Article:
It's hard work in the country. Think what we had to do to have bread. You planted the wheat, and when it came harvest time my father cut it with a blade and something they called a cradle. Then he would put the wheat in bundles. The threshers would come to our home and they'd hitch up about six horses. There'd be a machine in the middle of them, and they'd go round and round. Then the wheat was separated into little grains.

My brother Bob would take that to the mill, and it was ground into flour. We had a barrel in the kitchen where we'd put our flour. And we had a big mixing bowl that fitted exactly over the barrel, and that had a lid on top of it. That was where we made our bread. That was a long ways to go to get bread!

We were just plain country people. People didn't have much money. There wasn't a lot you needed to spend money for. Of course, we had to have clothing, and then coffee and sugar was about the only thing that mother ever bought at the store.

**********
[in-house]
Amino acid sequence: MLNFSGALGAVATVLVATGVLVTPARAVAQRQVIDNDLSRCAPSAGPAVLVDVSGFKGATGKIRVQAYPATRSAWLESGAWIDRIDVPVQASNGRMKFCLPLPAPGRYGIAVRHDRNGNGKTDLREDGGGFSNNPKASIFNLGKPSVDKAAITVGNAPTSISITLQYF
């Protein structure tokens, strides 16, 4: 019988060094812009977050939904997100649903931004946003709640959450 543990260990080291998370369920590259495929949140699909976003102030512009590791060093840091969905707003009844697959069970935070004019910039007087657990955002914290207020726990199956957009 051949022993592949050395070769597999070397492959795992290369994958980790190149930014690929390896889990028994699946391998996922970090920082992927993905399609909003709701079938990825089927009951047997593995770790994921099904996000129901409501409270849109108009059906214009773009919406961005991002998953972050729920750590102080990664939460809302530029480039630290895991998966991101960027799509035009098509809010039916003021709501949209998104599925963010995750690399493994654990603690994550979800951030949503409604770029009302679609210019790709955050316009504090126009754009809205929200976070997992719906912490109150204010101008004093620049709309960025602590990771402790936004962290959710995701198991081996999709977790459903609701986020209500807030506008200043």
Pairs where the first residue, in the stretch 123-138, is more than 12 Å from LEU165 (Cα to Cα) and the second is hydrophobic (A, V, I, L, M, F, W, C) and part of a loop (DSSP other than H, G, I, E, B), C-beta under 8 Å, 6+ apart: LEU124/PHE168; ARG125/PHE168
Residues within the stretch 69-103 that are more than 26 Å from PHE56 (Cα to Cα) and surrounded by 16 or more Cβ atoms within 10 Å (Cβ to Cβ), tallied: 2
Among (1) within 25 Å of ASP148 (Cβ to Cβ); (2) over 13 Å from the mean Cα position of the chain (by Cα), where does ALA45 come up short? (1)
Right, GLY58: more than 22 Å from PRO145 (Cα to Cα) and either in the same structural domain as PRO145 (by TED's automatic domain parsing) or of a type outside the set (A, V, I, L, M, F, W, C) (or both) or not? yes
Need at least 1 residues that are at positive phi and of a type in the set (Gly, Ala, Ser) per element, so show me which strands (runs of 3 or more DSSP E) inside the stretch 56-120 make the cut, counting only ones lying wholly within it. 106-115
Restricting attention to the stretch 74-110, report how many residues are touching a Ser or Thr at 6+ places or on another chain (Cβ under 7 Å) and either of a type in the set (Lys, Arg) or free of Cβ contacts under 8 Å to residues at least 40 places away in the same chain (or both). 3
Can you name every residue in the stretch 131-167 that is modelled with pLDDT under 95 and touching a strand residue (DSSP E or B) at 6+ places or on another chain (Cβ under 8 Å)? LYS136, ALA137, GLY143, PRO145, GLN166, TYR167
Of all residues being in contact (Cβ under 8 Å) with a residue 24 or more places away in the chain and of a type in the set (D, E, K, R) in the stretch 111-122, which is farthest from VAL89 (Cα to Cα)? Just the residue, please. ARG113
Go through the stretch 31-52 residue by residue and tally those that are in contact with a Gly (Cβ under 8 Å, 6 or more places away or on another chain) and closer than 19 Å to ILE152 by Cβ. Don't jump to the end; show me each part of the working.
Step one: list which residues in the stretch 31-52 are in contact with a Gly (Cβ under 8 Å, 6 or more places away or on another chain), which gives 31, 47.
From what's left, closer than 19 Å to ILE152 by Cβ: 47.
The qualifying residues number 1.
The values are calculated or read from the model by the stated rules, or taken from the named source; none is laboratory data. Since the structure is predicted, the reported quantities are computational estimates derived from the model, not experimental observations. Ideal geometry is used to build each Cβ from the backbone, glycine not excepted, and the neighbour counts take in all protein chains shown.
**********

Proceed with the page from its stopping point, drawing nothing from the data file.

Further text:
We didn't go many places. We had no cars. We just sort of lived with the people around us. Mother always visited people. A day spent with your neighbor, that was a nice day. On Sundays, lots of times we'd take a friend home with us after church. That was always a treat. Then, in the afternoon, we'd all sit on the porch and talk together. It was a simple life, but a good life.

I had three older sisters, and of course they had sweethearts. They would have parties at our home. One was a candy pulling. They'd make candy. Then, in the summer, they'd have ice cream parties. If you had a date at night, you entertained him at the parlor. There were no movies or things like that.

I was working at a general store in Swepsonville when I met my husband, George, for the first time, though we lived in the country about three miles apart. We never had many dates. My brother-in-law had a pretty little horse and buggy, and sometimes on Sunday afternoons we'd go for a ride. We'd ride out in the country, or sometimes there'd be a church where we wanted to go to service, maybe in Mebane or somewhere like that.

When George went off to the First World War, my sister couldn't understand why I didn't kiss him goodbye. I don't reckon I had ever kissed a boy in my whole life. It just wasn't the custom to do it. But I wrote to him every day. I'm sure I was concerned, but it never occurred to me that he'd never come back.